Galway woman in "living nightmare" as 20% of street turned into Airbnb "party houses"
"Obviously youngsters have no place to go - so they're literally just booking the houses to do their socialising."
A Galway woman has said that she is in a "living nightmare" as "20%" of her street has been turned into Airbnb "party houses".
The Galway City resident said that the short-term lets in her area have been rented out by young people for parties over recent months, with properties meant to host six or eight people having up to 50 inside of them for illegal gatherings.
She told Newstalk that there is no one taking responsibility, adding that "this is seven nights of the week, this isn't just confined to weekends".
"It's actually turning into a living nightmare - on my street alone, six houses are Airbnbs - that's 20% of my street is Airbnbs," she said.
"And what you have is youngsters booking the houses - and maybe the house might hold six, eight people, but you will have 50 inside in it."
The resident said that she believes the lifting of the inter-county travel ban, as well as young people having "no place to go" to socialise, are the largest contributing factors.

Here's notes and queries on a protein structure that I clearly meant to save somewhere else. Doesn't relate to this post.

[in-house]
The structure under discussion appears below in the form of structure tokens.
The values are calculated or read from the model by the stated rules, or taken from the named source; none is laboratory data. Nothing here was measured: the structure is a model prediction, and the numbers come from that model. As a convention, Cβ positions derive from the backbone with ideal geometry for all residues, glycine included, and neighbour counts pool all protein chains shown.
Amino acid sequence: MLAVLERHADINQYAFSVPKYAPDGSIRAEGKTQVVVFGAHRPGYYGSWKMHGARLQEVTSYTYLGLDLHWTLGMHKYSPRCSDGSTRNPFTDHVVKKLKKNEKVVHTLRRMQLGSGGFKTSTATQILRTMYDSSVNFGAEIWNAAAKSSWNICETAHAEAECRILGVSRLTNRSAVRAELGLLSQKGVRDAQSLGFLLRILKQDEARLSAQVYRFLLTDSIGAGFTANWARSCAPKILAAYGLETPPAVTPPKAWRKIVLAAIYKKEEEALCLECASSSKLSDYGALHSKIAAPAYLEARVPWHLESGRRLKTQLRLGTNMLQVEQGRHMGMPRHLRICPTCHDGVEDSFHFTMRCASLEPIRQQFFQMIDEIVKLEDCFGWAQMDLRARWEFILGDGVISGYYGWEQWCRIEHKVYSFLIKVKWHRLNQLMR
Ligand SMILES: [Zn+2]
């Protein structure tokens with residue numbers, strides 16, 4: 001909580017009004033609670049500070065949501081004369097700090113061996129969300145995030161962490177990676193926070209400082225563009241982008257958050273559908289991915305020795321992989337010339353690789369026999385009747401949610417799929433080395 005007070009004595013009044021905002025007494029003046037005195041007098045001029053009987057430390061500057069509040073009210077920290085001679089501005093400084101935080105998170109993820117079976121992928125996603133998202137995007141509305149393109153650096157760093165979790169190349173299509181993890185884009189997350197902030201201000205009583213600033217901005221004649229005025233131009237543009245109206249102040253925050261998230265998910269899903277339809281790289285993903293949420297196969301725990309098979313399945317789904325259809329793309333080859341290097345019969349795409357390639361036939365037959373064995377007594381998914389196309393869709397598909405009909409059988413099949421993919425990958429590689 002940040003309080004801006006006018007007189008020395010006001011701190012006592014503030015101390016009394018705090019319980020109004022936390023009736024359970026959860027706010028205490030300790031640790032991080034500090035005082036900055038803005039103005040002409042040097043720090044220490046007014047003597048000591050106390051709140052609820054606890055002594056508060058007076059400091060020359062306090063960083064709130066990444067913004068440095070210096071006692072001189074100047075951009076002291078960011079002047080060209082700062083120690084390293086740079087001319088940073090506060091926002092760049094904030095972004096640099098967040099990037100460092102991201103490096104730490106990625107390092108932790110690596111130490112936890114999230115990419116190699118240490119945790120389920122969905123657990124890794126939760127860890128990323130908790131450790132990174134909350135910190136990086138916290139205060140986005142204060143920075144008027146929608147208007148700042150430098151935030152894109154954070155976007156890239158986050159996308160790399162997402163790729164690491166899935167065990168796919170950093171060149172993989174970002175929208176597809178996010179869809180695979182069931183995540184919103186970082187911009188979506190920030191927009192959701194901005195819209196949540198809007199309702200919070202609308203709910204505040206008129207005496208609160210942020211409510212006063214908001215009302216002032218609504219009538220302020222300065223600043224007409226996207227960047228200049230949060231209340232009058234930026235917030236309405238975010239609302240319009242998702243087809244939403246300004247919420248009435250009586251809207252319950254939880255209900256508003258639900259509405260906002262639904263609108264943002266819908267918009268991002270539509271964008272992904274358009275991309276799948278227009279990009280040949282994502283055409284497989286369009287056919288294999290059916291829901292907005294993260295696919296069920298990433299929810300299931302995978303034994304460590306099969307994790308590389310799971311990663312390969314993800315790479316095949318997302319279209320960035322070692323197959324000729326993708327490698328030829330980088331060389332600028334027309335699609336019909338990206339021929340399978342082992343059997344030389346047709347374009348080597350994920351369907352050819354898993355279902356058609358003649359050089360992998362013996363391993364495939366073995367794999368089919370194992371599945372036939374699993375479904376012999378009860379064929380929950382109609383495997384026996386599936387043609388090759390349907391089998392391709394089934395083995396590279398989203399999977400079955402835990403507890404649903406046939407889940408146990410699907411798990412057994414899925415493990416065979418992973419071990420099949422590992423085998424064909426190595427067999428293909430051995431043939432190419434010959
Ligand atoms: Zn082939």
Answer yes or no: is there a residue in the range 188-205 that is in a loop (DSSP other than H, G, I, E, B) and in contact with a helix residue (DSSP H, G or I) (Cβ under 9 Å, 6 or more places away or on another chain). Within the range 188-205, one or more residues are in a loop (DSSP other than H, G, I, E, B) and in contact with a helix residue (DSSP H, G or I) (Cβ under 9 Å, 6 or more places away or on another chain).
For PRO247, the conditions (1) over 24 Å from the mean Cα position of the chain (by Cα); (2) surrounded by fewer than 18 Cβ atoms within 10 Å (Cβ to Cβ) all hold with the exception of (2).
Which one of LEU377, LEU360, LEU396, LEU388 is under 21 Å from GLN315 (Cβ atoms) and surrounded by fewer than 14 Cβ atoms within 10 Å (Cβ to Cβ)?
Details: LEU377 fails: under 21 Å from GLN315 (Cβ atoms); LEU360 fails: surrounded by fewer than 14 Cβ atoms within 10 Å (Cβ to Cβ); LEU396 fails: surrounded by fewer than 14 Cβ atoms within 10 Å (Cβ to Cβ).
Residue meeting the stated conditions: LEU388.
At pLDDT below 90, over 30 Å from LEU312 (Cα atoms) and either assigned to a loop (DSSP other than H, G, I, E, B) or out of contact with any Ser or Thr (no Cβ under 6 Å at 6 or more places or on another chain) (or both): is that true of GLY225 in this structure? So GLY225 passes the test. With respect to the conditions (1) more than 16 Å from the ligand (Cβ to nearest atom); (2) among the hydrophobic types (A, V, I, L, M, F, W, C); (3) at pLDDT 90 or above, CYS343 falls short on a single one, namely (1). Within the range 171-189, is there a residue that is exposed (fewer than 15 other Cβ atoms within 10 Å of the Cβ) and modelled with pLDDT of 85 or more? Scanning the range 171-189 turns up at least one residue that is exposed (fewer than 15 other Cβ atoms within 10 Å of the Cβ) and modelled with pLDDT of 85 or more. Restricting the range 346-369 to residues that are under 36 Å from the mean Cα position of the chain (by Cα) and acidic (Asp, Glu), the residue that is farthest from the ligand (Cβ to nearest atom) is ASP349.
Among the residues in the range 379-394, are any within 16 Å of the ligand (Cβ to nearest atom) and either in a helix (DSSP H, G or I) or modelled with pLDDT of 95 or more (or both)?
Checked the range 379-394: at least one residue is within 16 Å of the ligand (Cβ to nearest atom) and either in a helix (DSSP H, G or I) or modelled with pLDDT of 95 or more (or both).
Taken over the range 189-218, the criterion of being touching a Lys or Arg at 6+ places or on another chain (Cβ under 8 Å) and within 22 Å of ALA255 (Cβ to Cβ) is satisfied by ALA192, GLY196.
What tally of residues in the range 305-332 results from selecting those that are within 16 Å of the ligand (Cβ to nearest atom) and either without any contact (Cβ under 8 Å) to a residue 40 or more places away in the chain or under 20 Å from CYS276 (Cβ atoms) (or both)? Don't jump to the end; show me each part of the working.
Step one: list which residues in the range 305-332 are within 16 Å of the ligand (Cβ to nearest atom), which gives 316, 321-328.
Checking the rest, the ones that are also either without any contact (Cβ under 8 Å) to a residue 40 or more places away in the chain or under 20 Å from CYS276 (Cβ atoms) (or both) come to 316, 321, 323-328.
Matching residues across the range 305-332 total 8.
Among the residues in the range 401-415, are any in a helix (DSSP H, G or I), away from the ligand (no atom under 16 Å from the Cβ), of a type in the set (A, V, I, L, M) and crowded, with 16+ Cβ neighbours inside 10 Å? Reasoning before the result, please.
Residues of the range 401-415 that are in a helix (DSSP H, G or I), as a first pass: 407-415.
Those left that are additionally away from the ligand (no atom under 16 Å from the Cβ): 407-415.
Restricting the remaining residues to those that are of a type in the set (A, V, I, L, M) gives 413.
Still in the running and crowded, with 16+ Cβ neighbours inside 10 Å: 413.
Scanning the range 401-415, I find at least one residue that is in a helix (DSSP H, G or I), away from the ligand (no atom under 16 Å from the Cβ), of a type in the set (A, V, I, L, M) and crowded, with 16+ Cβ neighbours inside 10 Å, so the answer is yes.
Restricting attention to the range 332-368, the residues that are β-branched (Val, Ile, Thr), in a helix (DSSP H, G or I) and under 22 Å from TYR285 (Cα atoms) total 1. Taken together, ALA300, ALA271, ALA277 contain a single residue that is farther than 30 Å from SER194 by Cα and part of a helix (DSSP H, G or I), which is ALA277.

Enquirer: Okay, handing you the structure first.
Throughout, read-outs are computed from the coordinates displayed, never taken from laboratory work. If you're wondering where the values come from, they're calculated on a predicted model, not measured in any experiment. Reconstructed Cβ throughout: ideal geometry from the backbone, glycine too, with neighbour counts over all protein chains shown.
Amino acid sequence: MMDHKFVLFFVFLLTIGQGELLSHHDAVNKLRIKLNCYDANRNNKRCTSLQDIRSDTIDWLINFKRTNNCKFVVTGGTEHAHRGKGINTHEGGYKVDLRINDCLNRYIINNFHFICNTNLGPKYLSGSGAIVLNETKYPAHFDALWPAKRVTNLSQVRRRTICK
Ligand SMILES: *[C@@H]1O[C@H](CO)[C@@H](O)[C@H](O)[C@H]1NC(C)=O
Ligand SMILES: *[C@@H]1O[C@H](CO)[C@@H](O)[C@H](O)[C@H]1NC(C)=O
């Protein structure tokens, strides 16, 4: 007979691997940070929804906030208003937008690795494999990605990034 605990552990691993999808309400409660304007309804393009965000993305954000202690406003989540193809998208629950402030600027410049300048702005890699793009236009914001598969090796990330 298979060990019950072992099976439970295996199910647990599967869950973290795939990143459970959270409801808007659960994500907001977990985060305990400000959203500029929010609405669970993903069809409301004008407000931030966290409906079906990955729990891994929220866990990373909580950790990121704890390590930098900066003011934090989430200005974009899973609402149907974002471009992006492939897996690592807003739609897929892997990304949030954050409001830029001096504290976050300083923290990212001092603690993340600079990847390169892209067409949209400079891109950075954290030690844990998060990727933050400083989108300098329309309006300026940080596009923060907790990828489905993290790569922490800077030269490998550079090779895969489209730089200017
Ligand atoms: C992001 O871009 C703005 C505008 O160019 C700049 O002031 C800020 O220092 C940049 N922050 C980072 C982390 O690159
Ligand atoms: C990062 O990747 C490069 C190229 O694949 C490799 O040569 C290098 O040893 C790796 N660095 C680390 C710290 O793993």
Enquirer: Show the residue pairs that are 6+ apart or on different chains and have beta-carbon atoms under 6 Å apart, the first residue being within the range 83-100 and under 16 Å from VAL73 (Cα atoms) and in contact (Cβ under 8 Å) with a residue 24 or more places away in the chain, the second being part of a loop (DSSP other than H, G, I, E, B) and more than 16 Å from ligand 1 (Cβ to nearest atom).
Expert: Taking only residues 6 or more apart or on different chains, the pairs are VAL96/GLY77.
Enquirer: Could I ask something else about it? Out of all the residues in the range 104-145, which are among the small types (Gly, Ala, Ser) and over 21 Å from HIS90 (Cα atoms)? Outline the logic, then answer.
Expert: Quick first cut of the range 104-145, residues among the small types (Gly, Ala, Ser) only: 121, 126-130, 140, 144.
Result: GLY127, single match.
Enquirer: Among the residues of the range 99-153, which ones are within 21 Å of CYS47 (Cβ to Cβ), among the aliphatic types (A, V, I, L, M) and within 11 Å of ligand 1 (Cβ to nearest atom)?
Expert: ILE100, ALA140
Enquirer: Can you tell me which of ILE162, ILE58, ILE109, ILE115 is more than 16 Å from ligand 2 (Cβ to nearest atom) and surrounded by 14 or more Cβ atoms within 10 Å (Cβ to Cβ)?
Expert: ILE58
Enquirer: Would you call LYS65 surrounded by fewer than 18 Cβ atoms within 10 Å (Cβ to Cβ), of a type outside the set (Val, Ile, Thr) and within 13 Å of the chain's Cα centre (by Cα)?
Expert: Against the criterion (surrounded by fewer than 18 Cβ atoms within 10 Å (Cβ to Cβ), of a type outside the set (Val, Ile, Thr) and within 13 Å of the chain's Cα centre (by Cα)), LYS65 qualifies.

"There was a little bit of it going on when you were confined to your own county, you had youngsters within the county booking them as party houses," she continued.
"But since the freedom of movement, and obviously youngsters have no place to go. There's no nightclubs open for them, pubs are outdoor at the minute, there's very limited space for pubs to seat everybody. So they're literally just booking the houses to do their socialising."
She added that many of the houses didn't apply to be short-term lets and rather are "doing it under Airbnb" for up to "€1,700 a night".
"The rest are just doing it under Airbnb, though they haven't actually applied to be an Airbnb.
"You get 50 youngsters splitting the cost of that between them, it's not an awful lot.
"This is happening in housing estates, it's not just the city. You go out a bit and there's houses everywhere that are Airbnb. And you've got people with small kids, you've got elderly people."
The woman, named Caroline, added that unlike hotels or B&Bs, there is often "nobody to monitor these people".
"There's nobody to monitor these people because the owner isn't living there, there's no owners in these houses," she said.